Using a new electrically-assisted microbial fuel cell (MFC) that does not require oxygen, Penn State environmental engineers and a scientist at Ion Power Inc. have developed the first process that enables bacteria to coax four times as much hydrogen directly out of biomass than can be generated typically by fermentation alone.
Dr. Bruce Logan, the Kappe professor of environmental engineering and an inventor of the MFC, says, "This MFC process is not limited to using only carbohydrate-based biomass for hydrogen production like conventional fermentation processes. We can theoretically use our MFC to obtain high yields of hydrogen from any biodegradable, dissolved, organic matter -- human, agricultural or industrial wastewater, for example -- and simultaneously clean the wastewater.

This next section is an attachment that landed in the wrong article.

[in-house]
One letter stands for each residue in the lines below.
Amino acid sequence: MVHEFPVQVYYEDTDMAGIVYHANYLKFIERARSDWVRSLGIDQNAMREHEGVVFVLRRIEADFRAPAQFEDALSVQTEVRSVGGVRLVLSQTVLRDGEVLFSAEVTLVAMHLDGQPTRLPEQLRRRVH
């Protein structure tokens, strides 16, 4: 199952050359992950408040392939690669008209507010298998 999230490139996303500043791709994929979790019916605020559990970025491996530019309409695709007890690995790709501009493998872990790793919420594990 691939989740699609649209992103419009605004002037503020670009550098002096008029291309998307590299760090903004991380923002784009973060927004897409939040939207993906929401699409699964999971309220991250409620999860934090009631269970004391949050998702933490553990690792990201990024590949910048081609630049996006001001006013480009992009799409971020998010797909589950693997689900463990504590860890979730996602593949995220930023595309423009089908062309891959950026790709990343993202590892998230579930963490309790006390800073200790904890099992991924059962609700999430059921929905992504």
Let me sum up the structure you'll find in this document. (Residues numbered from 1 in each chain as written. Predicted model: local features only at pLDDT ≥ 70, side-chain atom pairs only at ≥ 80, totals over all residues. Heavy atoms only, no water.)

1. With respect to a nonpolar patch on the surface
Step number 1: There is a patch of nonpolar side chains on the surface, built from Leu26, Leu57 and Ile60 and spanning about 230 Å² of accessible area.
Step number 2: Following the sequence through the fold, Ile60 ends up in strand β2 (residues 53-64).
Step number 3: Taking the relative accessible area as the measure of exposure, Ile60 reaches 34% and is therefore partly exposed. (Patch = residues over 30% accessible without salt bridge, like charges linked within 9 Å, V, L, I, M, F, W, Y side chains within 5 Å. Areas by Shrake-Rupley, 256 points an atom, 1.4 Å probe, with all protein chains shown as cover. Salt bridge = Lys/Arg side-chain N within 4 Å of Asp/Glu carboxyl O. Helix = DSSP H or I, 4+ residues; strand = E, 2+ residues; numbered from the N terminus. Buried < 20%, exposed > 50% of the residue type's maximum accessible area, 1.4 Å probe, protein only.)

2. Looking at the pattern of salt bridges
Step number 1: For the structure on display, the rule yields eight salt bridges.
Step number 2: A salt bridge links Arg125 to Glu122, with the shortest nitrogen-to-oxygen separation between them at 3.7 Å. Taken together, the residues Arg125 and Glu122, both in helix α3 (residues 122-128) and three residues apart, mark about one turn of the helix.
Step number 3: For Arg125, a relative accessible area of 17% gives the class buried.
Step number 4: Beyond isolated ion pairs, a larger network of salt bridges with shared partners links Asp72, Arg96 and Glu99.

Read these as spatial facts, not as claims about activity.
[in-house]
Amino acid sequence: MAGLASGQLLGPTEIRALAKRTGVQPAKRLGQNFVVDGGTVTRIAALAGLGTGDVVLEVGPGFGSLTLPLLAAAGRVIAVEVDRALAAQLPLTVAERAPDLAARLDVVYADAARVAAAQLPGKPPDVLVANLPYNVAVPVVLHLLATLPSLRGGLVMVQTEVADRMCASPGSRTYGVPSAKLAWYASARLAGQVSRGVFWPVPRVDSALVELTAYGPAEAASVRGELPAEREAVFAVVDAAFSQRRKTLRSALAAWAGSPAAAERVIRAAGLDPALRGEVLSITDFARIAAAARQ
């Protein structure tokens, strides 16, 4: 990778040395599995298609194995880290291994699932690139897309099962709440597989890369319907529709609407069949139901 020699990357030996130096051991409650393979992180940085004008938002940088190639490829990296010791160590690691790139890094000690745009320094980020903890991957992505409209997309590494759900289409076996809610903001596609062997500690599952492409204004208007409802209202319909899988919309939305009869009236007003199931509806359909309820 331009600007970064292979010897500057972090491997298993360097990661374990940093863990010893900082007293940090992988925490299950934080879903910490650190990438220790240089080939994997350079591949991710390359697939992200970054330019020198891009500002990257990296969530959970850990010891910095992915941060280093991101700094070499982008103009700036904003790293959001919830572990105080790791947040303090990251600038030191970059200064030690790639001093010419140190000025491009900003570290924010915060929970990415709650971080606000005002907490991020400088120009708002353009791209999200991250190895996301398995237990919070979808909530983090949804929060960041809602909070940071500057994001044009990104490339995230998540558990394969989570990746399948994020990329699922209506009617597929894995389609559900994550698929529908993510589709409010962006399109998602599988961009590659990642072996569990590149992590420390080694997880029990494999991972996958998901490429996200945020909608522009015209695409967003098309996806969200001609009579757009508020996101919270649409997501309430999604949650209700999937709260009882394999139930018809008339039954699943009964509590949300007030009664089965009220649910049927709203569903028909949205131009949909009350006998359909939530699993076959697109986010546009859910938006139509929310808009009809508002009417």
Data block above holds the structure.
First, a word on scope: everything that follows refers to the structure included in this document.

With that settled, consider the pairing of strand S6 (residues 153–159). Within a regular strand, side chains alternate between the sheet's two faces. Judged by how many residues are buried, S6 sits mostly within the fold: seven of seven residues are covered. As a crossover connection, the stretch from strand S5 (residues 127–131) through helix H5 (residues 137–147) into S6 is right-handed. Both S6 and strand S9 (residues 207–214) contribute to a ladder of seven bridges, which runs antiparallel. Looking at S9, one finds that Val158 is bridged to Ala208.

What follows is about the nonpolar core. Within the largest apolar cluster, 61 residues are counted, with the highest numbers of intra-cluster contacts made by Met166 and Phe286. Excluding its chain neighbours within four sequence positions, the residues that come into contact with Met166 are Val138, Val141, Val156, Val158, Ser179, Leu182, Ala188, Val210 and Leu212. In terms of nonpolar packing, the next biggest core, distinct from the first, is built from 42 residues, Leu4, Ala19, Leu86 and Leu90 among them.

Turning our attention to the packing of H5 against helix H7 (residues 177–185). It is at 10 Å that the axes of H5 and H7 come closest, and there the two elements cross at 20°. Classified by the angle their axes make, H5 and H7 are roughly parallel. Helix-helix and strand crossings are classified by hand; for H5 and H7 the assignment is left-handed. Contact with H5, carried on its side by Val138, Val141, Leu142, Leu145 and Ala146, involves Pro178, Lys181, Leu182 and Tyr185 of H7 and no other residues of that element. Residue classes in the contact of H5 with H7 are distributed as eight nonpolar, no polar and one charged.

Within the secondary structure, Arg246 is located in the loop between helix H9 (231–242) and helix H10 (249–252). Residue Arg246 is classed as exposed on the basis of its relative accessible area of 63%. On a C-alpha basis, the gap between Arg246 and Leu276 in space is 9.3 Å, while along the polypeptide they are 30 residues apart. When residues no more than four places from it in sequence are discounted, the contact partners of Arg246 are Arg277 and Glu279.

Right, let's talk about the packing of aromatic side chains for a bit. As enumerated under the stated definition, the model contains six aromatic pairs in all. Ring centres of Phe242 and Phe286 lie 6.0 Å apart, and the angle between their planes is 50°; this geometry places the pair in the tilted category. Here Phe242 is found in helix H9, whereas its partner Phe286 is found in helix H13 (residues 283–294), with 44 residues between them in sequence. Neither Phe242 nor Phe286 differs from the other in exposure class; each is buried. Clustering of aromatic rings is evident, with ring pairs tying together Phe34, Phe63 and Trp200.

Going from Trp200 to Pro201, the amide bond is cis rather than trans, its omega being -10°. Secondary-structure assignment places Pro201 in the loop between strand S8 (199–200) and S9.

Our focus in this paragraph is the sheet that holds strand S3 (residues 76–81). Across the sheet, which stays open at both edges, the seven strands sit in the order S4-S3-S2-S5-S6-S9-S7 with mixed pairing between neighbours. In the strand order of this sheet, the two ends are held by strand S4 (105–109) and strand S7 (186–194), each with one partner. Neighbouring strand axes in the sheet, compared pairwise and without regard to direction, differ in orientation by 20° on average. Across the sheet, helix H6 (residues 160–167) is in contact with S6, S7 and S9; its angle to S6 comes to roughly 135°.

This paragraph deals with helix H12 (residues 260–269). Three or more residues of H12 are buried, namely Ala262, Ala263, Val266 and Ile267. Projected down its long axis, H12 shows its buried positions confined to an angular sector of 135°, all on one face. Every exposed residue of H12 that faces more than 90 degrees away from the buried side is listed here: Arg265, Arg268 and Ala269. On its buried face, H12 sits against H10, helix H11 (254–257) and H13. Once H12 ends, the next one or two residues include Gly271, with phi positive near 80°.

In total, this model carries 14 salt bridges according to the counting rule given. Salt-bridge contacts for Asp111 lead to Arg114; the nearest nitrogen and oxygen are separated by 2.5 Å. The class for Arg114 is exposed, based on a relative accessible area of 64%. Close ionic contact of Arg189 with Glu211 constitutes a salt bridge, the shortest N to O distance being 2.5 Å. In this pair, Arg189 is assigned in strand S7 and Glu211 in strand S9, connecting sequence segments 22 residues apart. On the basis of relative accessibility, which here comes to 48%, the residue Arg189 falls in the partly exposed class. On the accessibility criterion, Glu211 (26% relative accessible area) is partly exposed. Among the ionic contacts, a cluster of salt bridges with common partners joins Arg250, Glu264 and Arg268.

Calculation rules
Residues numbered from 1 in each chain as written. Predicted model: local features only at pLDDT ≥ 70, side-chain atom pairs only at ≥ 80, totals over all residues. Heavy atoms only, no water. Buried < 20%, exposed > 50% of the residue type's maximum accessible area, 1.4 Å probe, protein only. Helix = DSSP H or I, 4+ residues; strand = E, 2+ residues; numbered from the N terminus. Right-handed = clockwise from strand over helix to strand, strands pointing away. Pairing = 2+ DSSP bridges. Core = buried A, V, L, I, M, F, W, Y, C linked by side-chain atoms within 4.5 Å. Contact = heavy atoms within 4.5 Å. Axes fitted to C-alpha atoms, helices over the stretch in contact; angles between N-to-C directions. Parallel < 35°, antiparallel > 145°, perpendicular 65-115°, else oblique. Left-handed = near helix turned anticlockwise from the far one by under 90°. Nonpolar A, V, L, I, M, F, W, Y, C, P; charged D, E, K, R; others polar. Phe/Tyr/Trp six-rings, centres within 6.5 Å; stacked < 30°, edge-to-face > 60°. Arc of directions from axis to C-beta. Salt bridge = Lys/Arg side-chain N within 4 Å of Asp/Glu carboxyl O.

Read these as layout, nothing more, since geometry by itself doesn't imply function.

"While there is likely insufficient waste biomass to sustain a global hydrogen economy, this form of renewable energy production may help offset the substantial costs of wastewater treatment as well as provide a contribution to nations able to harness hydrogen as an energy source," Logan notes,.
Barbara Hale | EurekAlert!
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